… Council members welcome security change …
By Kellie Woodhouse, firstname.lastname@example.org
12:13 PM EDT, July 26, 2011
You might have noticed someone new at recent Howard County Council Meetings: an armed police officer.
Since July 1, a uniformed officer has been present at all County Council legislative sessions and public hearings.
The change was made at the recommendation of Police Chief William J. McMahon.
“We think it’s wise,” McMahon said. “Democracy, it’s a great thing. People get to voice their opinions. Most people do it in great ways, but there are times when people do it in inappropriate ways.”
After moving into the renovated George Howard government building in August 2010, the County Council asked McMahon to review the security and safety of its meetings. Based on that analysis, McMahon suggested that an officer be present at public meetings.
The review also prompted the police department to train council staff on how to deal with agitated individuals.
“I am glad to have somebody there,” councilwoman Jen Terrasa said. “A lot of times we are making decisions that are close to home, and those are the decisions that people can be the most emotional about.”
Terrasa said that during her nearly five years sitting at County Council meetings, there have been “a couple times” when someone made her feel “a little uncomfortable.”
Councilwoman Mary Kay Sigaty said it’s good to be cautious.
“We’ve had occasion, based on communication to us, to wonder about our security,” Sigaty said. “There’s all sorts of things that are happening in today’s world that I don’t think we’ve seen before, so we’re looking at trying to provide safety not only for ourselves but for anybody who attends our meetings.”
What other counties do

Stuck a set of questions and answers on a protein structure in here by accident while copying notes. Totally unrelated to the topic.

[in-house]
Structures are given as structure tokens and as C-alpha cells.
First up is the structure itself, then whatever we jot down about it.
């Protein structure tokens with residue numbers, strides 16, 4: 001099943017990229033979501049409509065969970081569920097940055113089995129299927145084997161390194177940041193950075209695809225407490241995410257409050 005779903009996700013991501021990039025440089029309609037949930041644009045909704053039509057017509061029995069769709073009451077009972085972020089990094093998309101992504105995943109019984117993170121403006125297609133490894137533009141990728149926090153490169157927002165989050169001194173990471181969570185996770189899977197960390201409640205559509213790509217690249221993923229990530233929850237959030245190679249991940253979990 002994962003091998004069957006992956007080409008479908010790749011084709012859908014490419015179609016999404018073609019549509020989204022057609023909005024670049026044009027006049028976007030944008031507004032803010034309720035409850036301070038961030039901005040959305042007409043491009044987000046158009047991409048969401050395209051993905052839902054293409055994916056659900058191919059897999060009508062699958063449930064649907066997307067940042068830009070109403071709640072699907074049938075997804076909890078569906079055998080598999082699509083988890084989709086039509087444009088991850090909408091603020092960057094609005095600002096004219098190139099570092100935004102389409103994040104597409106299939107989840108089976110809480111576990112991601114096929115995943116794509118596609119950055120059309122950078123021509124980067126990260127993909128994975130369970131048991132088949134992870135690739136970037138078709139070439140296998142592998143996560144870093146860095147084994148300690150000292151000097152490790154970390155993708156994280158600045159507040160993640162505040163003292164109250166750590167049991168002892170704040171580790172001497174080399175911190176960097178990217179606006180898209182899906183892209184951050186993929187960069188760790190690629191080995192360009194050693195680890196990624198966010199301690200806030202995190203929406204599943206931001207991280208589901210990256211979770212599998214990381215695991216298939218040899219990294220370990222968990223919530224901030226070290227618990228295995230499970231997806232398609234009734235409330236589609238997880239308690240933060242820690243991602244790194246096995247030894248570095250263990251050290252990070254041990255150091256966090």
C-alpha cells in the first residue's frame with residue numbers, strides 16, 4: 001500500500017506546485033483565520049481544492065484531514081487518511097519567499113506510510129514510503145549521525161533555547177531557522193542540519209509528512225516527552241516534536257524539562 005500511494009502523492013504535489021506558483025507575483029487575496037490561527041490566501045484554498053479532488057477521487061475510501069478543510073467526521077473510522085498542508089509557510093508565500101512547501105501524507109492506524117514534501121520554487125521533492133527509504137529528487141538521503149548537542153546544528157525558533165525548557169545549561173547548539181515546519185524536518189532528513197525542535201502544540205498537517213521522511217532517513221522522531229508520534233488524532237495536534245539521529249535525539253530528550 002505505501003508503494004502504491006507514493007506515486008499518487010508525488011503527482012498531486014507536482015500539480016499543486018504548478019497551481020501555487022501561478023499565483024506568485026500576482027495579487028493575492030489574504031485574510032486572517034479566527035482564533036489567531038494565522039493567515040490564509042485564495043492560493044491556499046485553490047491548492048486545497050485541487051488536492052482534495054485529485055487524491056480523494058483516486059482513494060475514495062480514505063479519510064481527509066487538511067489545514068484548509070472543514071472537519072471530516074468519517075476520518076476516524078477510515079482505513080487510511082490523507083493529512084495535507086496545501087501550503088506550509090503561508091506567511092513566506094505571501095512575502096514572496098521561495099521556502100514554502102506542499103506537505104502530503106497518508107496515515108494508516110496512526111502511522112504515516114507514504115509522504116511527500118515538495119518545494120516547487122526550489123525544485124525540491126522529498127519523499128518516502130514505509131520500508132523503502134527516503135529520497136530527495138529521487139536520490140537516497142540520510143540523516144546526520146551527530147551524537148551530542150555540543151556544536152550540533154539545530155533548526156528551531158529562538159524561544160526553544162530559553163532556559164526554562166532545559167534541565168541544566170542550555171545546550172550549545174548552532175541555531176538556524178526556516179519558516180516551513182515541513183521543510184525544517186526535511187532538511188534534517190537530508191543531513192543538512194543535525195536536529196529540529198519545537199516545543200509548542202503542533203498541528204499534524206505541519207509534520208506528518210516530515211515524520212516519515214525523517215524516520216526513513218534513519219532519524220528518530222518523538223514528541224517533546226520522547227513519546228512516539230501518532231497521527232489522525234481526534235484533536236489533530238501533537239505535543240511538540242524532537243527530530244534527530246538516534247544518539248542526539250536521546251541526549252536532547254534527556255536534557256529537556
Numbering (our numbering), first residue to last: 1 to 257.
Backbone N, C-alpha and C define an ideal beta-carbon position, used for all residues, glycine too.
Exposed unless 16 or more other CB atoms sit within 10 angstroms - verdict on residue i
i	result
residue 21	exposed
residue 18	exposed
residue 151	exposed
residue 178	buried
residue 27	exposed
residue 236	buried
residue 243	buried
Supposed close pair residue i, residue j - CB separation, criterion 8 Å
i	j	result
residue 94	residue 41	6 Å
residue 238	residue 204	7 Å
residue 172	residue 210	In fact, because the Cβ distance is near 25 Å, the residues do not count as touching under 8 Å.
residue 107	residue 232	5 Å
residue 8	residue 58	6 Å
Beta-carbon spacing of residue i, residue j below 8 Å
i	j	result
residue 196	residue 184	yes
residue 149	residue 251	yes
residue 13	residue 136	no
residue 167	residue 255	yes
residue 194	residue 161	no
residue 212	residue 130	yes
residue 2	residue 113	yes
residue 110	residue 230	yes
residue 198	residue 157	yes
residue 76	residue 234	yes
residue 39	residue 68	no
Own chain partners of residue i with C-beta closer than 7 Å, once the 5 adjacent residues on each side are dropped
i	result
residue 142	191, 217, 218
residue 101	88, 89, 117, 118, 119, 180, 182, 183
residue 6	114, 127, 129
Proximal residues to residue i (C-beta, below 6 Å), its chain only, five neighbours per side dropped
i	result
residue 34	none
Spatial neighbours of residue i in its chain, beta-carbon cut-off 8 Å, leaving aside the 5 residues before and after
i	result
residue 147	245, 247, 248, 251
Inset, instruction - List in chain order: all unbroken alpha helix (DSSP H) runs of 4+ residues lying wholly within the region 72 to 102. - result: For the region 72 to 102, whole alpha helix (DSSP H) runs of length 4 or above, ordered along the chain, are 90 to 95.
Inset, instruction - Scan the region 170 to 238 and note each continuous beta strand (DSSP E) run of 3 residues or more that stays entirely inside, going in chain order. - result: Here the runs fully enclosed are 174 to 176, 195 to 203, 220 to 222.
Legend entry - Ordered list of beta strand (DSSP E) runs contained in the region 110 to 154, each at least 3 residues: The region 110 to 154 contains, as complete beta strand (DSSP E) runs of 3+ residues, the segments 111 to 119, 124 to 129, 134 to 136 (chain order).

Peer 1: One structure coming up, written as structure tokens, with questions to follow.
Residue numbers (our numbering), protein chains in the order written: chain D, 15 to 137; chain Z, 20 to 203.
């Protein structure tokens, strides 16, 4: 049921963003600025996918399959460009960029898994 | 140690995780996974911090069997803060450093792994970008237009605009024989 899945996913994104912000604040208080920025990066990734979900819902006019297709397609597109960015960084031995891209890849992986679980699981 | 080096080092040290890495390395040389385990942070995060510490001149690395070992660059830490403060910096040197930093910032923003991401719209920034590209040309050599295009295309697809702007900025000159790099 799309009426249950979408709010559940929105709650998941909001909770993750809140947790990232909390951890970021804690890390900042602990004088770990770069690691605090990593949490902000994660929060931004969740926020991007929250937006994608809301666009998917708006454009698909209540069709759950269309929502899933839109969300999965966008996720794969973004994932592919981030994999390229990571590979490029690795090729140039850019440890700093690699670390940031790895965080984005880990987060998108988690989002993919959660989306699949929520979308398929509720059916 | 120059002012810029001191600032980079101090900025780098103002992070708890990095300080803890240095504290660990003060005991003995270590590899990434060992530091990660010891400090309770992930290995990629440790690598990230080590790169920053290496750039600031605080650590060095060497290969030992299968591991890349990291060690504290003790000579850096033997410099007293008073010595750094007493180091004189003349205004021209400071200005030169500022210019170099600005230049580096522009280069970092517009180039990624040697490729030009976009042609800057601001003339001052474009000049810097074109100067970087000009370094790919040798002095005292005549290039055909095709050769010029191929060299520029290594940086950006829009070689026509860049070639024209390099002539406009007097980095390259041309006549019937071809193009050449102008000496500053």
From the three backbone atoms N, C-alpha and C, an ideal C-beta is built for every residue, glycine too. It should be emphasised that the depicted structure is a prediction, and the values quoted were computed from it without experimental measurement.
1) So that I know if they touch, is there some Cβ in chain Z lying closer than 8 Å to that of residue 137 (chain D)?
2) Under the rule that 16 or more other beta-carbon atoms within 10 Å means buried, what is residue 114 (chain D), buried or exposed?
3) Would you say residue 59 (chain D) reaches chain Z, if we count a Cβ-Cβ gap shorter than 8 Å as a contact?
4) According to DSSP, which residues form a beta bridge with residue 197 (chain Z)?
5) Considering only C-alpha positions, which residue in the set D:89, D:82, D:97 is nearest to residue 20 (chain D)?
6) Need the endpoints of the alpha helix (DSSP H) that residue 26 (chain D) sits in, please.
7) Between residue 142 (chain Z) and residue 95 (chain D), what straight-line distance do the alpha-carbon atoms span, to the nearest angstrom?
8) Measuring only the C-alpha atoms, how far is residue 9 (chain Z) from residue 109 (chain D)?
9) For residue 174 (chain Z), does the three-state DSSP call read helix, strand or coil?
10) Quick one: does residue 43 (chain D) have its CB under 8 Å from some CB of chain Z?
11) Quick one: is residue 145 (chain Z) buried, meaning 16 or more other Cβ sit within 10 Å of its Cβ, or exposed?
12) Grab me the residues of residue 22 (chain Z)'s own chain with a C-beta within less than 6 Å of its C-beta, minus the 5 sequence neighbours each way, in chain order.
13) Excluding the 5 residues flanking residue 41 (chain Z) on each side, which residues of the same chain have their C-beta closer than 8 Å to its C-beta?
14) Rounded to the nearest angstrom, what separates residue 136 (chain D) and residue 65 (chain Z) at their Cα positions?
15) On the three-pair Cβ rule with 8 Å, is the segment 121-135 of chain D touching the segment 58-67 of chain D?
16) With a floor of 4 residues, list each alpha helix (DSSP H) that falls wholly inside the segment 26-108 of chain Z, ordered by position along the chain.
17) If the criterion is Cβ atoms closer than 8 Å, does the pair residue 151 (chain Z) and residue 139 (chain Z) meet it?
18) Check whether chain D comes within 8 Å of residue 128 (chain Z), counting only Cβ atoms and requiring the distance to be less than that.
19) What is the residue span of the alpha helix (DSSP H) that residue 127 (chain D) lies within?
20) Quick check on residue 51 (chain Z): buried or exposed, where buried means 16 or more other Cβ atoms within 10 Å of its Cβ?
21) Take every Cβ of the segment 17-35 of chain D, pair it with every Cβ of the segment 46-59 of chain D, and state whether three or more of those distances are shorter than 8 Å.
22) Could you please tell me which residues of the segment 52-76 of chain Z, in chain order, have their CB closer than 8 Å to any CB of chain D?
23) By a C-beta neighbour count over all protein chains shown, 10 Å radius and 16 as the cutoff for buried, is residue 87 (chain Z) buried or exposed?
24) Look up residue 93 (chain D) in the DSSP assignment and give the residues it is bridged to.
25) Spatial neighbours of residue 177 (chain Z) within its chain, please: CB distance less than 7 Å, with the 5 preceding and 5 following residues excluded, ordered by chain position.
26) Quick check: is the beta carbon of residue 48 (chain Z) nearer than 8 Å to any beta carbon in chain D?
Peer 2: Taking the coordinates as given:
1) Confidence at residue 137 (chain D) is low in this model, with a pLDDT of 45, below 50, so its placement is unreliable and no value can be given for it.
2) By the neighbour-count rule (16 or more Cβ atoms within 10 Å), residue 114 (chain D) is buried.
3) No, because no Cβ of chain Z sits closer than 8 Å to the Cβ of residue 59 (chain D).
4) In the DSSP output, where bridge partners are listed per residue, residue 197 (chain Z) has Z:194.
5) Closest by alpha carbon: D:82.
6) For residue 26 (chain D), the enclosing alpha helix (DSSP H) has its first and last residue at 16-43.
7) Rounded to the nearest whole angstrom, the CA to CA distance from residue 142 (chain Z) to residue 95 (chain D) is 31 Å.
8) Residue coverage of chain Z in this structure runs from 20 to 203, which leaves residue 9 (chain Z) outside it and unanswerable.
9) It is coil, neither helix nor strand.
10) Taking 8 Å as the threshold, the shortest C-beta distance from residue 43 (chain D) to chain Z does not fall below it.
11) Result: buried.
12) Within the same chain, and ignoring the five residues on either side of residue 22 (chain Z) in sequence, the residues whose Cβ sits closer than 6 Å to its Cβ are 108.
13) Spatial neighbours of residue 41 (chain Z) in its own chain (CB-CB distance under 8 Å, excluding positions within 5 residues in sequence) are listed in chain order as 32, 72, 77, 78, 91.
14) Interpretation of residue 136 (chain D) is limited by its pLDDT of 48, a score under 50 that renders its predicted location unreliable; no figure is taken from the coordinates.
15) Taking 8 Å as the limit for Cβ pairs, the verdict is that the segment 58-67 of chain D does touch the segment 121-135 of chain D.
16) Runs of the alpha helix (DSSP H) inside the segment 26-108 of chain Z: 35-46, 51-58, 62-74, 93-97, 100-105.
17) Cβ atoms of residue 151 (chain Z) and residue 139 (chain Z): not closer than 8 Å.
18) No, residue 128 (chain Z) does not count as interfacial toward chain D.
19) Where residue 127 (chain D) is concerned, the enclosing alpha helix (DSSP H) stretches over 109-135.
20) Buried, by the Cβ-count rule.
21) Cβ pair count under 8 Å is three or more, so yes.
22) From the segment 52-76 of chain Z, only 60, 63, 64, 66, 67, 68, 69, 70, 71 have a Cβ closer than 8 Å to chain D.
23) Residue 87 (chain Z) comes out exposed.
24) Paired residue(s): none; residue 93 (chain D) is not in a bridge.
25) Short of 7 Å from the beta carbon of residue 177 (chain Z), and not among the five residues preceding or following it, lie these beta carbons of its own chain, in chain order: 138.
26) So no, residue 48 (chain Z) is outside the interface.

The new measure puts Howard County in line with some neighboring counties, like Baltimore and Prince George’s, which already have a police presence at County Council meetings. In Montgomery County, where council members serve full-time and have meetings at least three times a week, an officer is only present at meetings expected to be well-attended.
Additionally, Howard County Executive Ken Ulman has had a security detail since July 1, 2007.
“It’s based on the global environment,” councilwoman Courtney Watson said. “In this day and age, you see all the things all the time that you never think would have happened.”
In the past year, many things have taken place that “just kind of raise everybody’s anxiety,” according to McMahon.
On December 14, 2010, a man, angered by the firing of his wife, a teacher, fired multiple shots at school board members in Florida. During a shootout with an armed security guard, the man killed himself.
At a Tucson shopping center on Jan. 8, 2011, U.S. Rep. Gabrielle Giffords was shot during a routine open meeting with citizens in her district. Six people were killed in the rampage and 13 others injured, including Giffords.
“In Arizona, six people got killed — and those were just spectators,” said Neil Greenberger, legislative information officer for the Montgomery County Council, which has increased police presence at meetings since last winter’s events.
Greenberger said the increase has been received positively by constituents. At a recent meeting “people came up to me and said ‘Thank you, I feel safer,'” Greenberger said.
An intimidating presence?
But Alice Giles, co-president of the Howard County League of Women Voters, said having a uniformed officer at meetings could be a problem for some people.
“I can see some people worried about it,” Giles said. “By and large I don’t think there will be any negative effect, but I think there will be a few people who might be intimidated.”
Giles also said that she doesn’t think an officer is needed at meetings.
“The council rarely runs into any sort of situation, and honestly there are other meetings in the county that run into more trouble,” Giles said, referring to some contentious recent school board meetings.
But Greater Elkridge Community Association President Howard Johnson, who frequently attends council meetings, disagreed that having a police presence at meetings would intimidate constituents.
“If someone does have thoughts of harming somebody, then that would be a deterrent; but if you’re going in there with a good conscience, then I don’t think having a police officer there would be intimidating,” he explained.
For now, an officer will only be present at County Council meetings, and not Zoning Board meetings, where council members sit on zoning issues, or County Council work sessions, which mostly take place during the day and are not usually attended by the public.
Additionally, there are no plans to have an officer at school board meetings, although McMahon said “that’s certainly something that I’d be open to.”